Psychology can often seem like a somewhat abstract concept that doesn’t hold much relevance to professionals outside the mental health sector and academia. It’s also frequently dismissed as unscientific and without credibility.
However, psychology is a discipline that focuses heavily on interpersonal relations and what environment has a more diverse mix of personalities and interactions than your workplace? Colleagues don’t necessarily have to have personal interests and hobbies in common; they didn’t choose to work together and their relationships aren’t based on a mutual affection for each other in the way friendships are (not to suggest that colleagues can’t be friends, of course). As such, motivations differ and competition is stronger, producing an interesting array of psychological processes.
For example, in a work environment where accountability for failed business deals, missed targets and poor performance is demanded, diffusion of responsibility is common. It can become very easy for individuals to shy away from being accountable for their actions if there are ten other members of their team who can be just as liable.
The introvert/extrovert scale is a popular construct in psychology and it holds particular relevance in the workplace. For those individuals who fall closer to the introvert end of the spectrum, spending eight hours a day in an office filled with people can be quite draining. As such, your introverted colleagues may appear standoffish and anti-social, when in reality the overload of human interaction may be tiring them.
Many work environments, particularly sales-oriented ones, are driven by competition. Promotions, bonuses and commissions are scarce and only high-performing workers succeed in what is often a “survival of the fittest”-style arena. As a result, people are highly motivated to outperform their colleagues which can cause problems in work contexts where teamwork is necessary. Team dynamics are heavily researched in psychology and a plethora of research exists on what makes effective teamwork. Many companies employ organisational psychology to maximise the productivity of its employees by improving interpersonal relations among co-workers, a strong example of the relevance of psychology in the workplace.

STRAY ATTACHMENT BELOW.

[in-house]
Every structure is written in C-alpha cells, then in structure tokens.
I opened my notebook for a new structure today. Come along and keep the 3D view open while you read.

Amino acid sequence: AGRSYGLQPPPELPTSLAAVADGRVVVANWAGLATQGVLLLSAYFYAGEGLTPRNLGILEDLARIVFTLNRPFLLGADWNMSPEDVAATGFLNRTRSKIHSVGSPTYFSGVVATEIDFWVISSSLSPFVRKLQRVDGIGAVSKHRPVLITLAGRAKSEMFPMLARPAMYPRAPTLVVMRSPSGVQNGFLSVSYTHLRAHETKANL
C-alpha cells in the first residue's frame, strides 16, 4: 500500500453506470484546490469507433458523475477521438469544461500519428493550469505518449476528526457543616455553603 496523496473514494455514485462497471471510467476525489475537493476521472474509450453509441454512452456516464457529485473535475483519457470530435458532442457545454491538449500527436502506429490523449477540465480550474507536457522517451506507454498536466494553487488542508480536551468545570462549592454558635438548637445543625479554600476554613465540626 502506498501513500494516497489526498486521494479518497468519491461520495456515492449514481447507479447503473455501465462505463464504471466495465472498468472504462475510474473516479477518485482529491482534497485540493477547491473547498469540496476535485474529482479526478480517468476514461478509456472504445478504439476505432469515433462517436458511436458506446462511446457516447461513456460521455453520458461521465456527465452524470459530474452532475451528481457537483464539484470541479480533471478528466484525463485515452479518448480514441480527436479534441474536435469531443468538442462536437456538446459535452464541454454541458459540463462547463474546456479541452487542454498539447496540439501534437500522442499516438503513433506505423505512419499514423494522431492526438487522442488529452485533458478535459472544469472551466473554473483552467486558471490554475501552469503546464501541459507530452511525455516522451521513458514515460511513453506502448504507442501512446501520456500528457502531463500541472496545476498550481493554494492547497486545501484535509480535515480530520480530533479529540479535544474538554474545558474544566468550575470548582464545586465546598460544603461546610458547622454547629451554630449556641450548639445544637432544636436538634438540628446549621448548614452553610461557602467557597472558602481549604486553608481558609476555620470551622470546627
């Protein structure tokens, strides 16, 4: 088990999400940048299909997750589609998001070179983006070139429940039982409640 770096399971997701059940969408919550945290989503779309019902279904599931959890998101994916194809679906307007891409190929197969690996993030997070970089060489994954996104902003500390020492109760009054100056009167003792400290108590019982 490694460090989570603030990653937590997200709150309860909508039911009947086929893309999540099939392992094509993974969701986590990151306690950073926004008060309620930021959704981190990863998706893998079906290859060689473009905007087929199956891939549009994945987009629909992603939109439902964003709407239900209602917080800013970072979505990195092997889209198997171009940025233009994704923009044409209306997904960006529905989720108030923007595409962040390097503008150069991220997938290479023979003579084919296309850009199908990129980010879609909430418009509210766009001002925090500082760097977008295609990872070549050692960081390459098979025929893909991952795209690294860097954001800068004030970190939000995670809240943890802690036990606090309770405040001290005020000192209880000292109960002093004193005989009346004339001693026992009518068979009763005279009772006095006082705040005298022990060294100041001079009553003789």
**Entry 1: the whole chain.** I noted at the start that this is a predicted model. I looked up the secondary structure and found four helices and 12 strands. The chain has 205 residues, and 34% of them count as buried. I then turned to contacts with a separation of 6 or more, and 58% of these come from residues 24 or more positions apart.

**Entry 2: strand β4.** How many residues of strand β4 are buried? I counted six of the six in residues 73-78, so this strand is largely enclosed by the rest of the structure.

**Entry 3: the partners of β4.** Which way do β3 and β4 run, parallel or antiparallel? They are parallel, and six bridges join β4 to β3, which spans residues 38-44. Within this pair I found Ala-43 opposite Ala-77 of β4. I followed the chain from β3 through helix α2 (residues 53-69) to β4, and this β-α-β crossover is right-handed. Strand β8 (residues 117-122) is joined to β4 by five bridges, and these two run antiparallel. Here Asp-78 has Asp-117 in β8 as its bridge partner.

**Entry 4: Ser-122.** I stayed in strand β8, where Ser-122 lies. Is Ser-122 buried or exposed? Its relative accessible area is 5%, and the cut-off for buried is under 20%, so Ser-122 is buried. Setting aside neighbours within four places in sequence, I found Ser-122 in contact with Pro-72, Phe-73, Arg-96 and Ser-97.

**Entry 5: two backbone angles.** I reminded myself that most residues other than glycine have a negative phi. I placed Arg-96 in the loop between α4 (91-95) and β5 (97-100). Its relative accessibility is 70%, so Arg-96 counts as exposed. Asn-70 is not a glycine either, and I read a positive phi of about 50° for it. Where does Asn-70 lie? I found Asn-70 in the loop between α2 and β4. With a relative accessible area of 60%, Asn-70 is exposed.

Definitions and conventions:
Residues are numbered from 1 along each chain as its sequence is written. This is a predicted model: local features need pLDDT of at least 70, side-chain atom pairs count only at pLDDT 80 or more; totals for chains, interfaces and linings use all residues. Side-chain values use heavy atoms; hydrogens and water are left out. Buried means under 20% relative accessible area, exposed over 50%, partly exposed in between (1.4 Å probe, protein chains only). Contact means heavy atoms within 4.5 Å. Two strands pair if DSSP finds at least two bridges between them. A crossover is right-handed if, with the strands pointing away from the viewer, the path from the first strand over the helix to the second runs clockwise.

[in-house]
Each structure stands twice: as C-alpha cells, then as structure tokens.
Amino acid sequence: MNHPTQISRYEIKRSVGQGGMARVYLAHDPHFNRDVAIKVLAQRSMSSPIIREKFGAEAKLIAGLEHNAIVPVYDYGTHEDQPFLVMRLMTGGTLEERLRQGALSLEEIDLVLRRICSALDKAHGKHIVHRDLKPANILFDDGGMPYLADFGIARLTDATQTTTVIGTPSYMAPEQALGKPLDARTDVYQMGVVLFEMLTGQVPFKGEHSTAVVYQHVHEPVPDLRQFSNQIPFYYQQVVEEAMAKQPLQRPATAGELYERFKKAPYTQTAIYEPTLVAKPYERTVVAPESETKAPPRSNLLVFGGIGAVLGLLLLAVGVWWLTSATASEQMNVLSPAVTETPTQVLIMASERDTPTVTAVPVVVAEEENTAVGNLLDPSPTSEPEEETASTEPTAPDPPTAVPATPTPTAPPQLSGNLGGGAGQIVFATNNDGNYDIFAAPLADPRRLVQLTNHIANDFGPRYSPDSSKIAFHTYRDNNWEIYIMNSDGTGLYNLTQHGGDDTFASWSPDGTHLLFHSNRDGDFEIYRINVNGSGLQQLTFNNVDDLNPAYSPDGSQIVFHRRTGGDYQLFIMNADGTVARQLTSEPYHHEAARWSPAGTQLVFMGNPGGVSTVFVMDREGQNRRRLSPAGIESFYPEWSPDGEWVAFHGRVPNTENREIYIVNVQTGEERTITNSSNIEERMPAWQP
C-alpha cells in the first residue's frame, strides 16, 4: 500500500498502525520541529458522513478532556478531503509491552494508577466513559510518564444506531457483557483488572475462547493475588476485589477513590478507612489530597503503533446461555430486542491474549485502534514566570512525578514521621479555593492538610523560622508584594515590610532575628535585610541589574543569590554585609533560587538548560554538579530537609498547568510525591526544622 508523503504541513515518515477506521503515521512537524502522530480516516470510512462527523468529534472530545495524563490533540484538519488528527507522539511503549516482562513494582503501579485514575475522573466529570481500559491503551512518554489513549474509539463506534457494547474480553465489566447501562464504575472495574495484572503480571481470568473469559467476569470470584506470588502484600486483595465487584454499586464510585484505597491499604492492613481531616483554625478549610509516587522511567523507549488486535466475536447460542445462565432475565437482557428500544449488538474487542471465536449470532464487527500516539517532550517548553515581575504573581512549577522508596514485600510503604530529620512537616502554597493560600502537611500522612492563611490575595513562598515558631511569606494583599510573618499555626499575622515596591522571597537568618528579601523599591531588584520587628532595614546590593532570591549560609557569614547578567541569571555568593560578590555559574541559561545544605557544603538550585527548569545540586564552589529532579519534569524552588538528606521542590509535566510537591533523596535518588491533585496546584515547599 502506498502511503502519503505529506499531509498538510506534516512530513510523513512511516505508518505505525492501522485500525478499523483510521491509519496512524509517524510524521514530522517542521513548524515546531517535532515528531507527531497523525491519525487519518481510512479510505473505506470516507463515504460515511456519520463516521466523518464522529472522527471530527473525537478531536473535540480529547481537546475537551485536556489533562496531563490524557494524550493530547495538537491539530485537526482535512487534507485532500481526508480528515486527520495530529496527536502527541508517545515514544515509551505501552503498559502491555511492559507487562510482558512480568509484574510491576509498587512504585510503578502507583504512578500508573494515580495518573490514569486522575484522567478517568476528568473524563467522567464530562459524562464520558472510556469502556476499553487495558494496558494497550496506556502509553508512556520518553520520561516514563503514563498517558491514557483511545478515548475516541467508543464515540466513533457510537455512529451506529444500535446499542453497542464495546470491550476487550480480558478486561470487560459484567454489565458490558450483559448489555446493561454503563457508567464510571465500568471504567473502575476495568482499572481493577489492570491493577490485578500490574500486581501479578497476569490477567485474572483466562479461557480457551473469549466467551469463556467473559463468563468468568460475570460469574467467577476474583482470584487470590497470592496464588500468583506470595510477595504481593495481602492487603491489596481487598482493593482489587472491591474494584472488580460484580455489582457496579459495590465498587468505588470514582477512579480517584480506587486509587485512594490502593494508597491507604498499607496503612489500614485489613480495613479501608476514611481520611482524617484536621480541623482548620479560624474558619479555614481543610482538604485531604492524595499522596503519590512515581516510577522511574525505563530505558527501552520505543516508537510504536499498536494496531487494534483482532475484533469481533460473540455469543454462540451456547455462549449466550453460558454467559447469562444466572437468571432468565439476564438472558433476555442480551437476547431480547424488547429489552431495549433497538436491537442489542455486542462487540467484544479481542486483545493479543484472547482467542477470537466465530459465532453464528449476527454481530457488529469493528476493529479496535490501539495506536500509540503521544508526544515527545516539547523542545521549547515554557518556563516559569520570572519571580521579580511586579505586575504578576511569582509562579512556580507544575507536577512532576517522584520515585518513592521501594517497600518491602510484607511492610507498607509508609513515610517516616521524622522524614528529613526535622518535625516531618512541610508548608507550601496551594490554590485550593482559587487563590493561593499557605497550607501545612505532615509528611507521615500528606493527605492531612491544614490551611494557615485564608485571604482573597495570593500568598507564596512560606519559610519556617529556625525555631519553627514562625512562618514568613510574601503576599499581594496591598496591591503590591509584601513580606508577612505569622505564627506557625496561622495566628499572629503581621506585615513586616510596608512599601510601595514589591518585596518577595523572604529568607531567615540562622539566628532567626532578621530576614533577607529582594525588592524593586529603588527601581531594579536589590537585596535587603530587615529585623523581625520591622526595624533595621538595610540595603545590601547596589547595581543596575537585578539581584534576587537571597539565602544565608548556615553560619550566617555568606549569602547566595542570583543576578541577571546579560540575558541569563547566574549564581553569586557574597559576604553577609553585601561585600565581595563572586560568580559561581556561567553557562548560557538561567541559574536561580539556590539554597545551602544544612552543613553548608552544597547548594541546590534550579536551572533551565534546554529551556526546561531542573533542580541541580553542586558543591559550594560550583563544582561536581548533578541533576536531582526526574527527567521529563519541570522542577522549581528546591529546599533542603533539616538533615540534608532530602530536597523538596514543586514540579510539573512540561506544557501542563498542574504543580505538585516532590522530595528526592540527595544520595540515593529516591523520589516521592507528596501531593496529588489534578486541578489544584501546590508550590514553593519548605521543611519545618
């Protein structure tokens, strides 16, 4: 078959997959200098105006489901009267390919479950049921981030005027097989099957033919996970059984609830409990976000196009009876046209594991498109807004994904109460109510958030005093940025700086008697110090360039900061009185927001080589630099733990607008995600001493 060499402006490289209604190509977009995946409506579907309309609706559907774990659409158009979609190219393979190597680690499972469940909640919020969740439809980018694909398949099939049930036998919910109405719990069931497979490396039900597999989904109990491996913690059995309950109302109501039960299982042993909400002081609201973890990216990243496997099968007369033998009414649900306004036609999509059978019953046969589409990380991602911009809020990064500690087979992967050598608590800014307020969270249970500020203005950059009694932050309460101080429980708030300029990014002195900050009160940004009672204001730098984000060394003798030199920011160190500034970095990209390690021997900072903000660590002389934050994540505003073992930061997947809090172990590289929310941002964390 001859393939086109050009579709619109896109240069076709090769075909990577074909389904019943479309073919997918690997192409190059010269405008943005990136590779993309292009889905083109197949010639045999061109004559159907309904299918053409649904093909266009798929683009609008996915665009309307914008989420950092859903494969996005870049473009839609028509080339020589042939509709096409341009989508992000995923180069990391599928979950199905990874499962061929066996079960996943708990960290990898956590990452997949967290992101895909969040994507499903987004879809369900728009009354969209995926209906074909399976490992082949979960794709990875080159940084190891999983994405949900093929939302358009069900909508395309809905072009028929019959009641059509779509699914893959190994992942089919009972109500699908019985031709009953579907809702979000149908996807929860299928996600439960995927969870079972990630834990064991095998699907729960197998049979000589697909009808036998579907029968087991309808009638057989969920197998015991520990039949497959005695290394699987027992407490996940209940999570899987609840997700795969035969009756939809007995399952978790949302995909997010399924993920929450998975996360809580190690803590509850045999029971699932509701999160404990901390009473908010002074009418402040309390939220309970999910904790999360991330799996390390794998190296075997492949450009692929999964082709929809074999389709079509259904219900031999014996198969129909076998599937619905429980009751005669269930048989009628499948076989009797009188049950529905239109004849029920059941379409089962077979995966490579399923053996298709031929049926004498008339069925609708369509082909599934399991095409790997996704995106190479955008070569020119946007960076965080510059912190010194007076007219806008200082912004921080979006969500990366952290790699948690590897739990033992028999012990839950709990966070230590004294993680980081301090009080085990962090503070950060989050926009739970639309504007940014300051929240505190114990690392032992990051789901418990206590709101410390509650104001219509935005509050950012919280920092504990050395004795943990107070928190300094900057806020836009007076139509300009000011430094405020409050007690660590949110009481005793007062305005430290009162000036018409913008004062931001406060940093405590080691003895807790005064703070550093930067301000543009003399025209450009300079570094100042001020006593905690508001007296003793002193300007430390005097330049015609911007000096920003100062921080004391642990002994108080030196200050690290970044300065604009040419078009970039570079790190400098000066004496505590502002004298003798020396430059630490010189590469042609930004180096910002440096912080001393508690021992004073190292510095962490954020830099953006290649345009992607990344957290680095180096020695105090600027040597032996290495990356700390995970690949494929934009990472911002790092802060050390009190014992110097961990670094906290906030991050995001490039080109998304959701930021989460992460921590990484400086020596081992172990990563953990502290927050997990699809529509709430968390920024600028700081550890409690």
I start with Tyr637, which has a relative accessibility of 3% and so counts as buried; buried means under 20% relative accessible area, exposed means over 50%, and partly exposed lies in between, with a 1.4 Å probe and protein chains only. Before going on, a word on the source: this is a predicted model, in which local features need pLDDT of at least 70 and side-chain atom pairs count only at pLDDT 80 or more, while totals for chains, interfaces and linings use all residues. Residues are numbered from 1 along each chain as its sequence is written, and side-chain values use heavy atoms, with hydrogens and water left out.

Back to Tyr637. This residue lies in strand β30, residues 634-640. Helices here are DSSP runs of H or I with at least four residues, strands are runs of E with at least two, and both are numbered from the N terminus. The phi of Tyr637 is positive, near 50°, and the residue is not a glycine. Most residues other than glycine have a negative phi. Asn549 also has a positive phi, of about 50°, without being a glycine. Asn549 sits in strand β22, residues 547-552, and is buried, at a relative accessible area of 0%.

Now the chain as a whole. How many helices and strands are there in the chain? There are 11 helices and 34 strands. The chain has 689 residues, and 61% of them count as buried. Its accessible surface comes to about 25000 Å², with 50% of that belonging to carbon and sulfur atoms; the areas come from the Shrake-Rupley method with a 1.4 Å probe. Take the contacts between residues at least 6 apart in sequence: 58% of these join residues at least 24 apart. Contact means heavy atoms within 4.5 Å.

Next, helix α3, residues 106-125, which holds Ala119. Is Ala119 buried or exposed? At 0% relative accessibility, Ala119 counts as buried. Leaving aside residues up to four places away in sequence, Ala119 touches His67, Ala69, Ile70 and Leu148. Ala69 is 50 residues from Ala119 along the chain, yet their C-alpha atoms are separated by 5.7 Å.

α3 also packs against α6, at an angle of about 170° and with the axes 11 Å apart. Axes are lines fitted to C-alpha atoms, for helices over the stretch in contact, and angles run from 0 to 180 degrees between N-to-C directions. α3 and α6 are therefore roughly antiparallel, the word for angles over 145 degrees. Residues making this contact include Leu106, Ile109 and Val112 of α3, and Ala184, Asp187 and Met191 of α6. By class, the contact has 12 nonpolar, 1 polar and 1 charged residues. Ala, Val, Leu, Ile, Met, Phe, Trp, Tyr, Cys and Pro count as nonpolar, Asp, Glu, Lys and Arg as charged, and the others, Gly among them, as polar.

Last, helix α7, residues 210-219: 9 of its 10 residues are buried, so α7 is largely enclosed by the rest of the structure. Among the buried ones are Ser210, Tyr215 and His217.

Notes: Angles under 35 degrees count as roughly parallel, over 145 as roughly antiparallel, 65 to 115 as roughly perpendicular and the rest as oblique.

As previously mentioned, psychology is most often associated with the study of mental health and needless to say a person’s work environment can have considerable impact on their mental wellbeing. Work is notorious for being a cause of stress for many people and its impact becomes even more powerful when you consider just how much of your life you spend in the workplace. The efforts made by organisations to reduce stress in its employees (wellness programmes, in-house counselling services, etc.) are excellent examples of proactive psychology at work.
Psychology is a multifaceted discipline with a wide range of applications, the workplace being one of particular importance and interest. An awareness of ourselves and our interactions with other people is valuable in any instance but especially at work where interpersonal relations play an important role in our professional success.